He adds: “The exempt public company structure proposed by CAMAC would effectively relieve corporate controllers from a considerable burden of public company reporting requirements, for a limited period. After a maximum of five years, the exempt public company would revert to a full public company and the organisation would have to prepare audited accounts for the earlier period, thereby ensuring full financial accountability.”

    Under CAMAC’s proposal, there could be different classes of shares for the venture’s founders, investors sourced through crowdfunding, and other investors. For instance, crowd investors could be offered non-voting or limited voting shares, allowing founders to retain control of their venture. “However, the venture would have to make it clear to crowd investors whether or not the shares on offer to them have any voting rights to decide the board composition, dividend policy or other fundamental issues,” says Kluver. “Crowd investors should not be misled as to the rights, or lack of rights, attached to their shares.”

    Kluver believes that unduly light regulation could undermine equity crowdfunding in the long run to the detriment of worthwhile issuers. “If there is significant fraud or people lose their money due to poorly communicated offers, investors could become very disillusioned and spread their negative reaction quickly via social media. The key is to develop a regulatory framework that protects investors, helps worthwhile companies raise capital and does not create unintended consequences in other parts of the regulatory framework.”

    “Directors should be glad CAMAC delivered such a thoughtful, balanced proposal. Entrepreneurs and innovators who say CAMAC’s approach is too restrictive, or that investors should rely on the online market to self-regulate, may not have considered the issue from the perspective of company directors and their legal requirements.”

    Johns says it is not clear what level of disclosure will be required with crowd-sourced equity funding or what protection will be afforded to directors in capital-raising offers. “At a macro level, CAMAC’s proposals make plenty of sense,” he says. “But it’s not until you get into the detail that you realise there could be very significant implications for directors of organisations that raise equity through crowdfunding.”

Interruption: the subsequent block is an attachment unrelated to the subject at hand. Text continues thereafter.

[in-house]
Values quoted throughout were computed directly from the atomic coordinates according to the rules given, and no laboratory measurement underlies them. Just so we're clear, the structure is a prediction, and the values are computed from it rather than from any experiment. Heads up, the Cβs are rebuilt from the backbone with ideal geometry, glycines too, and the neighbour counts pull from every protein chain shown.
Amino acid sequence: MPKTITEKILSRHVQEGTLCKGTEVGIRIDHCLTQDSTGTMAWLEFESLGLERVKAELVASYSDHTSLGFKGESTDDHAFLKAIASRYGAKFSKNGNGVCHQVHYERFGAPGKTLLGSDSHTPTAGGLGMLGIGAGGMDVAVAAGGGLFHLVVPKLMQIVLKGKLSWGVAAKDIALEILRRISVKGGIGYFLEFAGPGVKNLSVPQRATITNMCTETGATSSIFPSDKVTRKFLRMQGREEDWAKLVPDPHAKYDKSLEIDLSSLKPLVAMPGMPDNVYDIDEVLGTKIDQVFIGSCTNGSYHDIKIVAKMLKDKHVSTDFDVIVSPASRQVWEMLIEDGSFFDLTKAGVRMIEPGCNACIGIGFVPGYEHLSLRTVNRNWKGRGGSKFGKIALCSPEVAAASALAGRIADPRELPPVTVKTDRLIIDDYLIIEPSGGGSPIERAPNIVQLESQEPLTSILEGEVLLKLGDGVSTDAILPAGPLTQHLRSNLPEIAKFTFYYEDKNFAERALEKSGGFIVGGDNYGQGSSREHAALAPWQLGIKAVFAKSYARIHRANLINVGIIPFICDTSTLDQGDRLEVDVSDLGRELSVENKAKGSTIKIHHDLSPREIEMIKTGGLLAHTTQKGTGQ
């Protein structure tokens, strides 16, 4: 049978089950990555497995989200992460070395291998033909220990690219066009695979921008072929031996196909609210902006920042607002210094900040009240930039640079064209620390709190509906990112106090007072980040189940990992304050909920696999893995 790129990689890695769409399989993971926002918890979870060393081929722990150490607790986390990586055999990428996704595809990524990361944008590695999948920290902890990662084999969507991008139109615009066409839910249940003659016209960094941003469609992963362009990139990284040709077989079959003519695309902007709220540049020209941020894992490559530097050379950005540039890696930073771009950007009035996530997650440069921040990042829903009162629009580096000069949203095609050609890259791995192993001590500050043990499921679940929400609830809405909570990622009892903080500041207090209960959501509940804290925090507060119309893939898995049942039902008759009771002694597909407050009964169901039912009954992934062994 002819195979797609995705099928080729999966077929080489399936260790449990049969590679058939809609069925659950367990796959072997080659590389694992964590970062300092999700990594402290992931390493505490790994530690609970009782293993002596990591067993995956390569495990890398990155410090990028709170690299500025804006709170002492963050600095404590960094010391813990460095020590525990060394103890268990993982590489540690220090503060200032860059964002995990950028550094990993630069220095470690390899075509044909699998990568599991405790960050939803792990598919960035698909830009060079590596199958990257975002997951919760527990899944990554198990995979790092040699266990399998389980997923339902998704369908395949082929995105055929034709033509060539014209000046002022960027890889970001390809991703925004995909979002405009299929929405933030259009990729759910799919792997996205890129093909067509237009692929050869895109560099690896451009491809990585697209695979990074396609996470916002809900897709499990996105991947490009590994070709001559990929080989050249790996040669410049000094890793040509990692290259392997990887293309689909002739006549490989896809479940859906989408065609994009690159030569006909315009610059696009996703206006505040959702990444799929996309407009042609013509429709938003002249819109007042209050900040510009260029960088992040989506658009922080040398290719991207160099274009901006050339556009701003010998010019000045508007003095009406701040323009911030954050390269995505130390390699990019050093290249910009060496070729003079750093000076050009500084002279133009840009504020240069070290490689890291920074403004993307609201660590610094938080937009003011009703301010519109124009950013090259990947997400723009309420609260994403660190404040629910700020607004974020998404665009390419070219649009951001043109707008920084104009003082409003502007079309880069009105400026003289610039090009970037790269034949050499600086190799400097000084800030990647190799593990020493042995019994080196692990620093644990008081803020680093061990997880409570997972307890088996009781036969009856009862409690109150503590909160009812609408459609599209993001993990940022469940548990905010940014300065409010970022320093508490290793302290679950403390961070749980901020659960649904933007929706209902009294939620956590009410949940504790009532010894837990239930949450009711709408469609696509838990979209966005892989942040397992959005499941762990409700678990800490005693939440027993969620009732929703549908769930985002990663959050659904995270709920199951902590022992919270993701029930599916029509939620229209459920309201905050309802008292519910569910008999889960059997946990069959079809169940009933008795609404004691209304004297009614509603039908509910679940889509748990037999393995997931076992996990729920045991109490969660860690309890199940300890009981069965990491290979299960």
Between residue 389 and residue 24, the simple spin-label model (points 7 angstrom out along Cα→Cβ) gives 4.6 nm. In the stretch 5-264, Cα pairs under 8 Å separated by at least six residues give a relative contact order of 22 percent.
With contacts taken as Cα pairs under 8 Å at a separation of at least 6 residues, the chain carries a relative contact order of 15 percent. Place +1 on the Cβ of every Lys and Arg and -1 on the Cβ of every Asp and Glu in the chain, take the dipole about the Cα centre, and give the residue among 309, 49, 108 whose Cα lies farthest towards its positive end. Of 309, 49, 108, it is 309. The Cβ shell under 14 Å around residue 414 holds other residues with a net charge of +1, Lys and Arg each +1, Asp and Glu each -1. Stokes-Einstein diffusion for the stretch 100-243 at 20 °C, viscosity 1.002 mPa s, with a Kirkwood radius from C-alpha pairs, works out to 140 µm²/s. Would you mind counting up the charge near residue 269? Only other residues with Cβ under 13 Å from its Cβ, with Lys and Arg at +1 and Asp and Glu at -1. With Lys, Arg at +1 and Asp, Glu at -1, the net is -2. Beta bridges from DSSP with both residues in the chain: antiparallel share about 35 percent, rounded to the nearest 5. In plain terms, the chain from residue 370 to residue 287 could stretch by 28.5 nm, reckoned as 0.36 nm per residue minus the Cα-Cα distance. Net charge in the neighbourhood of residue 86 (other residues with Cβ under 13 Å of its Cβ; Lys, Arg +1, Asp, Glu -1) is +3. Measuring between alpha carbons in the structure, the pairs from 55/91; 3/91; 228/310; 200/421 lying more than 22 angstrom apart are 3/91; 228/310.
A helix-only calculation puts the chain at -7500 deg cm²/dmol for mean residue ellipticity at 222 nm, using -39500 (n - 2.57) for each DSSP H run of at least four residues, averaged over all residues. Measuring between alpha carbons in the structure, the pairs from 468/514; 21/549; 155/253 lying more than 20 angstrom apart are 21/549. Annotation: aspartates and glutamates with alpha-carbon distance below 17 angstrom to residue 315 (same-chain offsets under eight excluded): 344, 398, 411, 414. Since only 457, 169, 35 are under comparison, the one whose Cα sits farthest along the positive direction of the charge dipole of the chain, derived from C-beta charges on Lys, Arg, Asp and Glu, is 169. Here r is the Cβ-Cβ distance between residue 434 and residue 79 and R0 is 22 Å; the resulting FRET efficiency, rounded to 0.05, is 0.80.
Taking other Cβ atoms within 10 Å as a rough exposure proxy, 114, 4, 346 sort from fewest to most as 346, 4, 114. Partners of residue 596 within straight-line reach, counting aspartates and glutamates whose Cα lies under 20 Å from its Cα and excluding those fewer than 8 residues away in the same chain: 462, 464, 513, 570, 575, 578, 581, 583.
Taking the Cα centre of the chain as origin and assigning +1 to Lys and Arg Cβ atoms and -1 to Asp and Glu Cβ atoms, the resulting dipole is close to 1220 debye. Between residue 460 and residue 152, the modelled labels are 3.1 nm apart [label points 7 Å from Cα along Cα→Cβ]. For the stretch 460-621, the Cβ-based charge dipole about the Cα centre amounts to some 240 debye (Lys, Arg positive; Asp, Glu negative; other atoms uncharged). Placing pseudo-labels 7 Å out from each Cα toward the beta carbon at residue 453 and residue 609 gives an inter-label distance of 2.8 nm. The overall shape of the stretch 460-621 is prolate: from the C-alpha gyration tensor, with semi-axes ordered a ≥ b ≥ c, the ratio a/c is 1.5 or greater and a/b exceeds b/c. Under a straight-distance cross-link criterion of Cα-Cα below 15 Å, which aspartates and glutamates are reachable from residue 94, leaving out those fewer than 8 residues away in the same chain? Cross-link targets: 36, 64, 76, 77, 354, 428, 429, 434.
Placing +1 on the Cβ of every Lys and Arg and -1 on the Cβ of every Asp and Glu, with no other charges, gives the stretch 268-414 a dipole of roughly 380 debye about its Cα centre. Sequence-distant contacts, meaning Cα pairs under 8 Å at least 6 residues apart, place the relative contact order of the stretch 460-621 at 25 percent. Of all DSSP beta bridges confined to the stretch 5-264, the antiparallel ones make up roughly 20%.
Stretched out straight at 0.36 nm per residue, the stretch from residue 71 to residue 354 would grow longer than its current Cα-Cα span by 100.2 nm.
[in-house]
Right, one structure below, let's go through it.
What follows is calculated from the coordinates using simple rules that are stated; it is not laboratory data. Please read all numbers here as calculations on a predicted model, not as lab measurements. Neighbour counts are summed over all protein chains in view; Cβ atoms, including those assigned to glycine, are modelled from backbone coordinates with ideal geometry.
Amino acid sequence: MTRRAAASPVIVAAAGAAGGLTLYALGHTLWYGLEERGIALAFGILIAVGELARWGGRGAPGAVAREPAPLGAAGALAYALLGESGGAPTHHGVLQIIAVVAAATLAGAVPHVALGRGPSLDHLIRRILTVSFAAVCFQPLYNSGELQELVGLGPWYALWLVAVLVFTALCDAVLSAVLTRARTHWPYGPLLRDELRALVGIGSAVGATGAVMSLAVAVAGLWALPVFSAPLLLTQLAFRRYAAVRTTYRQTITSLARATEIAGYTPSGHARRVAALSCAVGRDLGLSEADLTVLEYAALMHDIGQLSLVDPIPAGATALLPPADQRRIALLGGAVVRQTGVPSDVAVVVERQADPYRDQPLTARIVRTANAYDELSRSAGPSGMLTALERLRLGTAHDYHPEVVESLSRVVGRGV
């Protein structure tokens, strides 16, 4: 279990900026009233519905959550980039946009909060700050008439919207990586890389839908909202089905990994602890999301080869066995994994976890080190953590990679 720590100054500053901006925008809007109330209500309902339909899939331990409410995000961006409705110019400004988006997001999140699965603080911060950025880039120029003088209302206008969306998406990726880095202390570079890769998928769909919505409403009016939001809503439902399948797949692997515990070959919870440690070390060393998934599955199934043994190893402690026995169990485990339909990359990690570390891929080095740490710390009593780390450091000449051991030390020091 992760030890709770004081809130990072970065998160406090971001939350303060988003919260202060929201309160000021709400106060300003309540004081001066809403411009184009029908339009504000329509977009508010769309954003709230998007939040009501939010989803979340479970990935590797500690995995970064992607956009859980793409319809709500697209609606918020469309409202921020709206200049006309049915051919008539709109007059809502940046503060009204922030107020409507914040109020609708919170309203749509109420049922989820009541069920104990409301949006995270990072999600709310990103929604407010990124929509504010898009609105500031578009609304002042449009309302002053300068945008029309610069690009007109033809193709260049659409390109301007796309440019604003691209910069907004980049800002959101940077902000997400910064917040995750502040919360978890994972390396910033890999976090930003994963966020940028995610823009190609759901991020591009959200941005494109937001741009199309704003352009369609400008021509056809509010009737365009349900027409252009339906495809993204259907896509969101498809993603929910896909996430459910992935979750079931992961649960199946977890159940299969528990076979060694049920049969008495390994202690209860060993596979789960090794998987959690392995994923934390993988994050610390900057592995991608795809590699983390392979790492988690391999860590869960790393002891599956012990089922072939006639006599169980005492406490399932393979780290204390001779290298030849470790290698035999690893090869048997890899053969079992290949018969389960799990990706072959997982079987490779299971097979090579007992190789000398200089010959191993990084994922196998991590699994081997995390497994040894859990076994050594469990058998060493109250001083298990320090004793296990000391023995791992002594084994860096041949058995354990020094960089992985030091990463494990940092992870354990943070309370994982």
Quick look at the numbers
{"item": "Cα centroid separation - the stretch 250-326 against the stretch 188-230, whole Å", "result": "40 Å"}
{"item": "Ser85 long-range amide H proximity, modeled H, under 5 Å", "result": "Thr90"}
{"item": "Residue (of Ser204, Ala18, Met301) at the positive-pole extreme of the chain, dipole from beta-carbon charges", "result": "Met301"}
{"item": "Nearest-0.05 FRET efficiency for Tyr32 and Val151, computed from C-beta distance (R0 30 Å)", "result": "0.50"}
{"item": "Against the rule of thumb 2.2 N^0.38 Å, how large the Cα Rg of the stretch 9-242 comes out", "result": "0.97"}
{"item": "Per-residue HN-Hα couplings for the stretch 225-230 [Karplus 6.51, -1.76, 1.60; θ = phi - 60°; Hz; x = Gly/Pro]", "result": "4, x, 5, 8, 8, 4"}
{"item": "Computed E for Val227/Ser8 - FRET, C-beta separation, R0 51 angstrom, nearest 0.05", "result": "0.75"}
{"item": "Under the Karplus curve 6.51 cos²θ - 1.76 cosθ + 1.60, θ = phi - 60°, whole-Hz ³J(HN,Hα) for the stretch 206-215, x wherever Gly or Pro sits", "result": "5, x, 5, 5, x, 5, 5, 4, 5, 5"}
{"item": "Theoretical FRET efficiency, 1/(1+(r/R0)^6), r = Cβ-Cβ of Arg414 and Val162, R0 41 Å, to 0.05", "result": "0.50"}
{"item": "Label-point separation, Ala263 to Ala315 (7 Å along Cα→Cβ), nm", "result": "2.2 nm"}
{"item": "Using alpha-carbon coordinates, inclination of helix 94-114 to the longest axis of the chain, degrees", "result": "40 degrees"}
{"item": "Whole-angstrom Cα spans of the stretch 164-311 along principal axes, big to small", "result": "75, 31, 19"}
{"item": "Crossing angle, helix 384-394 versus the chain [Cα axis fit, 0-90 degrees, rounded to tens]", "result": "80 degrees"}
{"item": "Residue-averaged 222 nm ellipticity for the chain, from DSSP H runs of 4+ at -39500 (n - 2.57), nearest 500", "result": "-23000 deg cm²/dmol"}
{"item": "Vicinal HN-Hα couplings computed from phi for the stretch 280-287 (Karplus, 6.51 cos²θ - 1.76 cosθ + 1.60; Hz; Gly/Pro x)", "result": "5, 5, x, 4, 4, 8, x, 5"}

Crowdfunding for not-for-profits
    Directors who want to understand the power of crowdfunding should look to the not-for profit (NFP) sector. Some social ventures are starting to raise significant funds for projects and social crowdfunding sites, such as, are doubling in size every three months.

    This year Chuffed helped Edgar’s Mission, a Victorian sanctuary for rescued farm animals, raise $162,400 from almost 1800 people in 14 countries. Edgar’s target of raising $50,000 in 60 days was smashed within three days, a new Australian record for NFP crowdfunding.

    Chuffed expects to raise $1 million for social ventures within its first year of operation, for about 200 projects. It is receiving a dozen or more approaches from NFPs each week to run campaigns and expects to be self-funding within 12 to 18 months, given its rapid growth.

    “I would guess that fewer than 1,000 of the 600,000 or so NFPs in Australia have tried social crowdfunding,” says Chuffed founder Prashan Paramanathan (Twitter @pparaman).

    “Smaller NFPs have been using crowdfunding over the past couple of years to raise donations and I would expect larger NFPs to use it before long. Crowdfunding is just such a powerful way for NFPs to raise funds from people who support the cause.”

    Chuffed, itself an NFP, plans to expand in Asia and believes social crowdfunding could be used by for-profit enterprises with a social purpose. “We think there is a lot of potential for organisations to use social crowdfunding platforms to help their community,” says Paramanathan.

    “For example, a co-operative or mutual organisation could use crowdfunding to raise funds from the community to buy a particular community asset that’s closing, and keep it in local hands.”

    Schools can also use social crowdfunding platforms to raise funds for projects from their community of parents and other stakeholders, Paramanathan says. The Queensland government in August backed down on its initial objection to a school using third-party crowdfunding platforms to raise funds, in what could pave the way for more schools to use crowdfunding.

    Paramanathan says there is no greater risk of fundraising fraud from crowdfunding compared to traditional approaches. “We vet campaigns that use our platform, and those that are unlikely to meet our criteria self-regulate and don’t actually start. The higher transparency of the internet tends to be the best form of regulation.”

    He says the federal government needs to harmonise state-based fundraising rules because social crowdfunding quickly crosses state and even international borders. “Some of our campaigns have raised funds from people all around Australia and overseas. State-based fundraising rules in an online world are completely outdated.”

    Cutler & Company principal Dr Terry Cutler says crowdfunding is tailor-made for the NFP sector. “If I was on a NFP board, I would watch this space very closely and ask if the organisation is taking advantage of crowdfunding to supplement other fundraising activities. Crowdfunding has been very successful in the arts because people who feel a strong emotional connection to a project are more committed to make donations.”

    Cutler adds: “There is a great link between social crowdfunding, social networking and building a community of engagement around the NFP’s objectives. In time, it will change how NFPs think about fundraising and how individuals think about giving and getting involved.”